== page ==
The best way to plan your fish tank once you know the size is by drawing a rectangle the same size as the bottom of the fish tank on a piece of paper. Once you have it drawn, you can then figure out where you want to place your plants, decorations, or other necessary equipment. Keep in mind that your fish will need room to swim around and do not crowd the tank with too many accessories.
Clean the tank
Once you have purchased a tank and all your necessary equipment, you’ll need to make sure that everything is clean. If you’ve purchased a new tank you just need to wipe out the inside with a damp cloth to remove any dust. However, if you have purchased a used tank you’ll need to do a bit more cleaning.
Remember to never use soap or detergents on your fish tank as these chemicals are harmful to fish. You should also designate cleaning equipment like cloths and buckets to have the sole use of cleaning your fish tank. This way you aren’t contaminating your tank with household chemicals or any other debris.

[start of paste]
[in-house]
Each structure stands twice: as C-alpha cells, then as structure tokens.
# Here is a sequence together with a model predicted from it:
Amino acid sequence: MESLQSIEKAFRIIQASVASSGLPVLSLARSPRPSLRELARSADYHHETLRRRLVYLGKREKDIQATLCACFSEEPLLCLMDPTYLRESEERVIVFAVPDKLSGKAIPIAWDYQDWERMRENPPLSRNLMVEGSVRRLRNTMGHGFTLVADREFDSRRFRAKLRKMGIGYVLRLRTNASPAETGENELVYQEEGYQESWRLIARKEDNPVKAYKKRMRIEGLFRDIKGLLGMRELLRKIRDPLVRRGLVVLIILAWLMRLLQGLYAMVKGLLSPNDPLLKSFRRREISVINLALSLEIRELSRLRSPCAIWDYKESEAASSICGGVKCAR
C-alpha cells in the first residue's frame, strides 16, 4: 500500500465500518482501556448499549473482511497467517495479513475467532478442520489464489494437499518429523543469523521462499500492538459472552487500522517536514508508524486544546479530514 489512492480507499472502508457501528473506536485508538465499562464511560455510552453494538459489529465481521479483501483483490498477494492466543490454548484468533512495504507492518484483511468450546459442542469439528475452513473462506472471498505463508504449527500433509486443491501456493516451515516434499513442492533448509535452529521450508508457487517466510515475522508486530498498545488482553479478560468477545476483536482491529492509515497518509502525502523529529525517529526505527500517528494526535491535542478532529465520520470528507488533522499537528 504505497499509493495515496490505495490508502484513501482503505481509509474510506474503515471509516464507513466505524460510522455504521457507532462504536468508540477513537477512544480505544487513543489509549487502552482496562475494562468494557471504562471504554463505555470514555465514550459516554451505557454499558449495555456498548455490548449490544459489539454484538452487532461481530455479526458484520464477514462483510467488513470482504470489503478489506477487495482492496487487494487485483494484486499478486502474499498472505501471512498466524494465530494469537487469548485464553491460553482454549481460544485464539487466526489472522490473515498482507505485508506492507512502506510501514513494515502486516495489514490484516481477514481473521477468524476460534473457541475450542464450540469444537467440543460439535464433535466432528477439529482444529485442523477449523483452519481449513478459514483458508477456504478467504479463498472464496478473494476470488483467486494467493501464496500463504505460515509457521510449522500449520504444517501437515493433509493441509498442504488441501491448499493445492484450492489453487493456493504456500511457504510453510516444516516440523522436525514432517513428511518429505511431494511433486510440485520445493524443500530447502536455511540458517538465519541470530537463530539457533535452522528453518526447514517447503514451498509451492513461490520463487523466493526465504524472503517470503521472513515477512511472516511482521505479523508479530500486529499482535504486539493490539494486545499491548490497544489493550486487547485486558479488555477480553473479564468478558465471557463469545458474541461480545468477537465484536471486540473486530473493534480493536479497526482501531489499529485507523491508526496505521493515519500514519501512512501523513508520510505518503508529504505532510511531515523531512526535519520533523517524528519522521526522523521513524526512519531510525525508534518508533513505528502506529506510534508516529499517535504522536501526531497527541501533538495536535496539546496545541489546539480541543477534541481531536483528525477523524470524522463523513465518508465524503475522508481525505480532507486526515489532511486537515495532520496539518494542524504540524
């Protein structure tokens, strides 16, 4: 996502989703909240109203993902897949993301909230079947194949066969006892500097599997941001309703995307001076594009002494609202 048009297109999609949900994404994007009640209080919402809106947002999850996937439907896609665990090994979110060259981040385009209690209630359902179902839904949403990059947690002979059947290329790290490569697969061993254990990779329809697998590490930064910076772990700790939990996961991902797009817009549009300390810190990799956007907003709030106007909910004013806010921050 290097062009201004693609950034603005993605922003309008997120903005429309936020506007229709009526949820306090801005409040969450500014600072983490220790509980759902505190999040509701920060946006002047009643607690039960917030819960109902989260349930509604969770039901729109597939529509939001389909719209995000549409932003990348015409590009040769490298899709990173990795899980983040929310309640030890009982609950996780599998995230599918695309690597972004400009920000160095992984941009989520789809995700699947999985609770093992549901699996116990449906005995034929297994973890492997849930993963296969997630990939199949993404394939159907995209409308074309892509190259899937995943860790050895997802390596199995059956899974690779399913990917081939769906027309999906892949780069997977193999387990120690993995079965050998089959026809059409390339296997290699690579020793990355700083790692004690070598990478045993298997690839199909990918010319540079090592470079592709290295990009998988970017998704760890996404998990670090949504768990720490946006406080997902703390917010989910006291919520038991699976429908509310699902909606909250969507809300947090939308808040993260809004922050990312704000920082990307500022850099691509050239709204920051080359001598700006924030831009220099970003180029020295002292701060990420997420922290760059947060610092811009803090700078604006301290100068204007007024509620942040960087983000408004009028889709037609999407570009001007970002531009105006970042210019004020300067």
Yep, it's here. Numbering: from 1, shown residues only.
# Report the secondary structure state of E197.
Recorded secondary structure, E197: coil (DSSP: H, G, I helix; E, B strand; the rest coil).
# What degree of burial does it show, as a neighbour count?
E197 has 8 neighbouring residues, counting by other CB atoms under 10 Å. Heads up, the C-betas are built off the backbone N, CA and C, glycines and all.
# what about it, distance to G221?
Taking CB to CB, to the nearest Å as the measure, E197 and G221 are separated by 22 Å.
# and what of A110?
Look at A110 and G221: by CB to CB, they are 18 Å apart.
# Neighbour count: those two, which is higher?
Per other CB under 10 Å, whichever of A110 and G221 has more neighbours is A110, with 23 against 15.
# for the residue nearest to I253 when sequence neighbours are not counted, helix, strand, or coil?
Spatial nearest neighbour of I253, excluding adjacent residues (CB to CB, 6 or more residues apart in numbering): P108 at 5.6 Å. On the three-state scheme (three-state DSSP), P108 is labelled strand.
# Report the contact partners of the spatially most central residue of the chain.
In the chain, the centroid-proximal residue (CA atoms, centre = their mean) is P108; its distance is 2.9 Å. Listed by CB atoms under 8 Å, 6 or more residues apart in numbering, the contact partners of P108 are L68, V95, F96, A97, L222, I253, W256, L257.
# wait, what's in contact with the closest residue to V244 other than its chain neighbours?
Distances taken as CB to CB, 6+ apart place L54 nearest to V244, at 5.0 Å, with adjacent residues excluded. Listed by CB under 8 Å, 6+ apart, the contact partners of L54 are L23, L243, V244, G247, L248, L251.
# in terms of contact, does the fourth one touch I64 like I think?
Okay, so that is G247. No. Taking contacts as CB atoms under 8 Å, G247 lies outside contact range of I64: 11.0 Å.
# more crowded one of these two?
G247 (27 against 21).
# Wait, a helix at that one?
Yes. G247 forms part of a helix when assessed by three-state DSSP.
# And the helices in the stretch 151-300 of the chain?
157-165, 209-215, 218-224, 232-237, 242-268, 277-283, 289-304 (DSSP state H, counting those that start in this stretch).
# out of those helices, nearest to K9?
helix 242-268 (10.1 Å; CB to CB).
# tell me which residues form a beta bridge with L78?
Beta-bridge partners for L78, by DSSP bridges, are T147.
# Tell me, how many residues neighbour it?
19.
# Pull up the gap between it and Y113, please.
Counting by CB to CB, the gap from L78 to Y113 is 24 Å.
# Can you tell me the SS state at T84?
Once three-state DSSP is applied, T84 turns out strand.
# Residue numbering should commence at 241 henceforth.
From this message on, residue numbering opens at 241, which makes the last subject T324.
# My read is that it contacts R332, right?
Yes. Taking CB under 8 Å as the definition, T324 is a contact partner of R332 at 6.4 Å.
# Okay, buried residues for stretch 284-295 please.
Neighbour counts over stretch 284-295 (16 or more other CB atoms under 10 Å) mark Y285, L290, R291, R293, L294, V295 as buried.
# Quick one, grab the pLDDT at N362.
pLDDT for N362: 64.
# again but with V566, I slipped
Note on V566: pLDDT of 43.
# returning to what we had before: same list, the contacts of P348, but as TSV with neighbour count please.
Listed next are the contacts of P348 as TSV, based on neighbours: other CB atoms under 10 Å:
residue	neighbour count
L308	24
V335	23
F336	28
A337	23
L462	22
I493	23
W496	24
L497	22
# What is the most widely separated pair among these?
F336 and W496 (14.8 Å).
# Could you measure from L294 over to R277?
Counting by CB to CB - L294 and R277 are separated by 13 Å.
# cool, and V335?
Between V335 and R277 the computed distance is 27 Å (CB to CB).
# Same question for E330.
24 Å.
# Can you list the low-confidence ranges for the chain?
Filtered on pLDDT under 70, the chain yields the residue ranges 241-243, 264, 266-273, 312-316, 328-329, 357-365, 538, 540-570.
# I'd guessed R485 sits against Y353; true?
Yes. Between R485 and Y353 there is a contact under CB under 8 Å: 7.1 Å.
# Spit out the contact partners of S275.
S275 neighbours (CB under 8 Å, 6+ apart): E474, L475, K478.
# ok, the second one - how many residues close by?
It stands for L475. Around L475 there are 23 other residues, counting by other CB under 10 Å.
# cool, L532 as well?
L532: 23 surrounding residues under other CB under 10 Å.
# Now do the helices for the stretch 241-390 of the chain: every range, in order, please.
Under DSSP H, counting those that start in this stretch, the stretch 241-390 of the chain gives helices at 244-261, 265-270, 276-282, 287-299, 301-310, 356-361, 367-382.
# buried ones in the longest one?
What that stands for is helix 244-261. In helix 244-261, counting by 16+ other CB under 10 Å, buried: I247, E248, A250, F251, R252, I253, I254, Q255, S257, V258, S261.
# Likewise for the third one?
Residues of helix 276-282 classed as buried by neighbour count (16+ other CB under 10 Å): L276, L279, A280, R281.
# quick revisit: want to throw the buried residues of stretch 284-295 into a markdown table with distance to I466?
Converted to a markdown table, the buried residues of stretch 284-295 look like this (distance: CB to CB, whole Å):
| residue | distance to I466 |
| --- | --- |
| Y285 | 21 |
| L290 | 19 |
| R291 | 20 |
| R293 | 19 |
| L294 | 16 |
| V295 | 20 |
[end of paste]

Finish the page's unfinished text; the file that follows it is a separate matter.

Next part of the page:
For a used fish tank, you’ll want to start by removing any dirt or debris from the outside of the tank using vinegar and a paper towel. You can do the same to the inside, however, make sure that your tank is not acrylic before using a paper towel. Acrylic tanks can scratch easily which makes them look blurry and imperfections on the inside of the tank can be dangerous to your fish.